The performing arts sector - visions of the future
This second article in the series focuses on the main factors influencing the present and future of the performing arts sector. It builds on the first article, which described the salient features of the sector, in particular, the size and structure of its market, the nature of employment, and issues and uncertainties facing the sector. It examines the main trends and drivers shaping the sector’s future, including the forces that are leading to a reduction in the public funding available to the performing arts.
Political, economic and technological forces are underpinning some longstanding characteristics of employment in the performing arts sector, namely, the high proportion of part-time and short-term jobs, and of self-employment. At the same time, technological developments provide greater resources to performing artists, or others, to promote and market their work, thus facilitating the persistence of micro-enterprises in this sector. However, digitalisation and the Internet are also bringing the transmission of performing arts products increasingly under the control of wealthy media companies or broadcasters. Their position, too, may soon be threatened by the transmission of television and films through the Internet, using enhanced broadband. The overall tendency is towards greater uncertainty for those working in the sector. One partial solution would be to further develop the role of the performing arts in activities outside their traditional domain.
Trends and drivers of change
The following table summarises the STEEP (sociological, technological, economic, environmental and political) factors affecting, or expected to affect, the performing arts sector.
|Trends and drivers||Possible future of the performing arts sector|
|Patterns of employment||Part-time work, short-term contracts and self-employment have long been a characteristic of the performing arts, and they are becoming more pronounced.|
|.||The already high proportion of micro-enterprises will increase further.|
|Digitalisation of content in combination with transmission through the Internet||This enhances the possibilities for promotion and marketing among micro-enterprises; however, it also places transmission in the hands of wealthy media groups.|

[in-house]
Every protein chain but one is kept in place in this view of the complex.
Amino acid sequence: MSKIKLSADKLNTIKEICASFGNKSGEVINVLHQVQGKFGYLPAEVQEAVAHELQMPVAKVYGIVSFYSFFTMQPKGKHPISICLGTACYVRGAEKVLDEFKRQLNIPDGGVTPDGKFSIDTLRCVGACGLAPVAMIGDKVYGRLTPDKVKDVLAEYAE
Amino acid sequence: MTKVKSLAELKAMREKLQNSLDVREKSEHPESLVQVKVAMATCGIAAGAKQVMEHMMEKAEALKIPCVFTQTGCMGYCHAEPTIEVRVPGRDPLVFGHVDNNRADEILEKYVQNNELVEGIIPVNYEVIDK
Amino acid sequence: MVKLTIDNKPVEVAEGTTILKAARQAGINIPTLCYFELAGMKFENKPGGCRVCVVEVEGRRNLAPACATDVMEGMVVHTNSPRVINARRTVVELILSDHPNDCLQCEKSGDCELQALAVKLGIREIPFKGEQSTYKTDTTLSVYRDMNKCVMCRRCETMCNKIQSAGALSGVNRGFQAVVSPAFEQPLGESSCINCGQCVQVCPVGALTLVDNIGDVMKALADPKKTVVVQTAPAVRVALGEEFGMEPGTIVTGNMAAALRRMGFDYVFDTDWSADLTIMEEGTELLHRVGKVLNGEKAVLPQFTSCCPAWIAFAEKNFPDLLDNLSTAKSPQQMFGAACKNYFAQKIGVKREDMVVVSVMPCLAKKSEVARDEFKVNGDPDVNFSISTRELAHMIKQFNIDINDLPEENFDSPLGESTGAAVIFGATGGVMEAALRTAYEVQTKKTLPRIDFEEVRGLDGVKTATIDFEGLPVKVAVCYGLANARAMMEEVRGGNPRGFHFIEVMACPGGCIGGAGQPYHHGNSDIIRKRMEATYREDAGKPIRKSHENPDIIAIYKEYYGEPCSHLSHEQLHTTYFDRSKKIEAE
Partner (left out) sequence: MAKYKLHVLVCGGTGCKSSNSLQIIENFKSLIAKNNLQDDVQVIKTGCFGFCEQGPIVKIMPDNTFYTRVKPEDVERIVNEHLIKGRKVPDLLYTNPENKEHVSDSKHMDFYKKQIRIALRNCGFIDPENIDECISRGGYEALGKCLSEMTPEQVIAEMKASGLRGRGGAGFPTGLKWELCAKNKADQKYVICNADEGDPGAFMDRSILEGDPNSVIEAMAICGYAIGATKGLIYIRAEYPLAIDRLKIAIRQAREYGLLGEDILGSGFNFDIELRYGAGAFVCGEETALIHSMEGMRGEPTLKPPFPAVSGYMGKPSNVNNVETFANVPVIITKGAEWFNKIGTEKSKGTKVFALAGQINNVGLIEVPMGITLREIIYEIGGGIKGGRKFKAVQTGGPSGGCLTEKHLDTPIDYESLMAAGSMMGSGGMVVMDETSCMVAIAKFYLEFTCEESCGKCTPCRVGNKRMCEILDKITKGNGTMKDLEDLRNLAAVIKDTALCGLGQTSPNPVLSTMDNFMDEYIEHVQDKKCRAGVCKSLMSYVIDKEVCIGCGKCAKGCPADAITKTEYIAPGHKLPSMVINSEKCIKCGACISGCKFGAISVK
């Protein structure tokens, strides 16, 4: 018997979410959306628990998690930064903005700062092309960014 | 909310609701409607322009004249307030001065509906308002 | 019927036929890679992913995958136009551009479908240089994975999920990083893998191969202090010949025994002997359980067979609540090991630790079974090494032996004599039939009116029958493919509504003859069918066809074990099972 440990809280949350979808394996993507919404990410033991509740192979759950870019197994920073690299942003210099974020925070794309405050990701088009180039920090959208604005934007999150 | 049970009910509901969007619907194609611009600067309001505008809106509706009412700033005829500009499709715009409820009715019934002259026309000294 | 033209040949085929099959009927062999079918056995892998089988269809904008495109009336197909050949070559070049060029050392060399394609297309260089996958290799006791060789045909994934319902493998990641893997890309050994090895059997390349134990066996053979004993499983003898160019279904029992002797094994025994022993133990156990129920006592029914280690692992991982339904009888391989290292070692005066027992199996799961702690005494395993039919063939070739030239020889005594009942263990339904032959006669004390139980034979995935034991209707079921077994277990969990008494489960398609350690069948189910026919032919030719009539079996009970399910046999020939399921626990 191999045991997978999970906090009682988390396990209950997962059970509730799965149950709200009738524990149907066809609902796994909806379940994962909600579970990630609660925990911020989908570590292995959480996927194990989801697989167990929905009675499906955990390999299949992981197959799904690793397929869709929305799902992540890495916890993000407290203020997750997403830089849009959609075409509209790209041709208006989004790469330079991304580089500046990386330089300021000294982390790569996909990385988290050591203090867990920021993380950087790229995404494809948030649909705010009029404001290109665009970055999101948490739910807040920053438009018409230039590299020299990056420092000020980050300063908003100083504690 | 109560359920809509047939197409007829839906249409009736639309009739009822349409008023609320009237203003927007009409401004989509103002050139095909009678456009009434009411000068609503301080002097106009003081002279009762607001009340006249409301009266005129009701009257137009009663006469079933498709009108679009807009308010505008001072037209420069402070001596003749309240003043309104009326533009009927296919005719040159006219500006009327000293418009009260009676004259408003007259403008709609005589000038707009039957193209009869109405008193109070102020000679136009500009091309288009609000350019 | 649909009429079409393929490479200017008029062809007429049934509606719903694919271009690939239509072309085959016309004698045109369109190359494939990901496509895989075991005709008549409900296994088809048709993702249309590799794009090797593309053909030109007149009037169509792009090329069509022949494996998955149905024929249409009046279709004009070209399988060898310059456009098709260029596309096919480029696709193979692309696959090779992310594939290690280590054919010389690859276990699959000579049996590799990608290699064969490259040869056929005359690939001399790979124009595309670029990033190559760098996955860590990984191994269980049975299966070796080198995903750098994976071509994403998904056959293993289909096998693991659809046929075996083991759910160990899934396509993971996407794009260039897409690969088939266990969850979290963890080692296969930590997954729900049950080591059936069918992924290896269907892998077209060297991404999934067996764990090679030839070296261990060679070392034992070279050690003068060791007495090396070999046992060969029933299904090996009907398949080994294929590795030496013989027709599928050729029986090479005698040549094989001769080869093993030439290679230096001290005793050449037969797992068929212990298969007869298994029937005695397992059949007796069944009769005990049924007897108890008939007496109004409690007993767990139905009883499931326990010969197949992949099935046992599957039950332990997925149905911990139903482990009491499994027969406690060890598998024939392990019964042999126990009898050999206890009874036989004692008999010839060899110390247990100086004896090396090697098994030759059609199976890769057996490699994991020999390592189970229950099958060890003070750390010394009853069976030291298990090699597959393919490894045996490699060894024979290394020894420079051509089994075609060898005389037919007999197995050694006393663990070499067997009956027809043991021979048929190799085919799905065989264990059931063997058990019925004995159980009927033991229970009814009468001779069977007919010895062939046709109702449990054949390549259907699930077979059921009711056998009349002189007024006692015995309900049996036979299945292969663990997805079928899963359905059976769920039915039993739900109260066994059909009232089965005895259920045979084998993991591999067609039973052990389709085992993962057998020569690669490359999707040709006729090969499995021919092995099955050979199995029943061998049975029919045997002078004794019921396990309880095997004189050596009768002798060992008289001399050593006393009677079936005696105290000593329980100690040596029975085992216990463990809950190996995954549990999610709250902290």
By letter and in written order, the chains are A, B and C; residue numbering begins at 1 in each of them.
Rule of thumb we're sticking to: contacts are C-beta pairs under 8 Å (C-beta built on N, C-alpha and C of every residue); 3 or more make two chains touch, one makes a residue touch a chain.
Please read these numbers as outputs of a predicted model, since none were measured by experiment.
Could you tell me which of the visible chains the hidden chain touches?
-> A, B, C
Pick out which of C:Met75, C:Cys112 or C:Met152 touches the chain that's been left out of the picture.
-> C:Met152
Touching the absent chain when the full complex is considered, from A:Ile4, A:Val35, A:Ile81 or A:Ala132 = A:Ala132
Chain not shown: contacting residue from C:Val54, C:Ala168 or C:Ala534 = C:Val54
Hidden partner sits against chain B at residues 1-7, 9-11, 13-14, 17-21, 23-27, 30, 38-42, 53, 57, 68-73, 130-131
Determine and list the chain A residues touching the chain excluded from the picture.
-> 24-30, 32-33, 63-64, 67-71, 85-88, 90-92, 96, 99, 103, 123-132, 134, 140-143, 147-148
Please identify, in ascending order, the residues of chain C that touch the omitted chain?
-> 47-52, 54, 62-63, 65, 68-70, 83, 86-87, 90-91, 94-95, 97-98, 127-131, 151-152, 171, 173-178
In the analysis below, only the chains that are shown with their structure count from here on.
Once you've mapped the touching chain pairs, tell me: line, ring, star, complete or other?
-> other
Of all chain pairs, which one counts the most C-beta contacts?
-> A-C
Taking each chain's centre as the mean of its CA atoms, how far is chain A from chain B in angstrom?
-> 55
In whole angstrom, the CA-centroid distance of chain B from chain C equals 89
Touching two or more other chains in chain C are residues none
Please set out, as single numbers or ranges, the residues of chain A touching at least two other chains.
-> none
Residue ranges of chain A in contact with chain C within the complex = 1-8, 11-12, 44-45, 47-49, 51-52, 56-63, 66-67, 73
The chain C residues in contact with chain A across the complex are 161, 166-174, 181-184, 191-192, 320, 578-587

|Dependence of live performing arts on public funding, private sponsorship and public service broadcasters||There is a tendency for public funding and private sponsorship to be directed towards more established and prestigious activities, i.e. towards ‘high culture’. In many countries, public service broadcasters become more commercial and, when they are not, they have fewer resources for the performing arts.|
|Audiovisual sector as a source of employment and a means of urban regeneration||This is the favoured direction for public support of performing arts. It leads to new buildings for live performing arts and helps small companies in their start-up phase.|
|Globalisation||A few groups are becoming increasingly powerful across the whole range of media.|
|Environmental||There are no distinctive or important environmental issues in the performing arts at present.|
|Political environment||In many countries, there are strong political and social forces in favour of protecting traditional culture, as well as an ethos of public support for the arts. However, these are curbed, to some extent, by financial pressures and are also being crowded out by the interest in audiovisual technology as a source of employment.|
In contrast to other sectors, flexible employment is the norm in the performing arts sector. The Eurostat study, Cultural employment in Europe (see European Commission press release, 2004), drew attention to the high (relative to total employment) incidence of part-time, temporary and self-employment in the cultural industries. There is reason to believe that the incidence of ‘non-traditional’ employment is even higher among performing artists than is shown in the Eurostat statistics. These statistics apply to the whole range of cultural occupations (librarians, writers, performing artists, architects, etc) and to employment in the cultural sectors (ranging from cultural producers, e.g. writers, composers, to technicians and administrators). Several of these occupations provide a source of traditional, full-time and permanent employment. Looking at the situation of performing artists in isolation, however, their employment pattern appears to be quite different.
The nature of performing arts activities requires a high proportion of part-time or limited contracts according to the 2001 study on Innovative developments and good practice that is promoting and safeguarding employment in the live performing arts sector in seven EU countries ( 823kb) by International Intelligence on Culture. Apart from the major, established orchestras, most musical groups (whether classical or popular) have seasons, particular performances and tours, with intervals in between when they are not performing. Actors with either major or minor parts are required when films are being shot, but not at other times. Many theatres also have seasons with breaks in between. The intermittent nature of production and work is also evident in the production of dramas and films for radio or television. Even those who are retained on long-term contracts - in orchestras, acting groups, film production companies, as actors in television or radio soap operas - work intermittently. While the famous can command high salaries, the majority have rather lower incomes.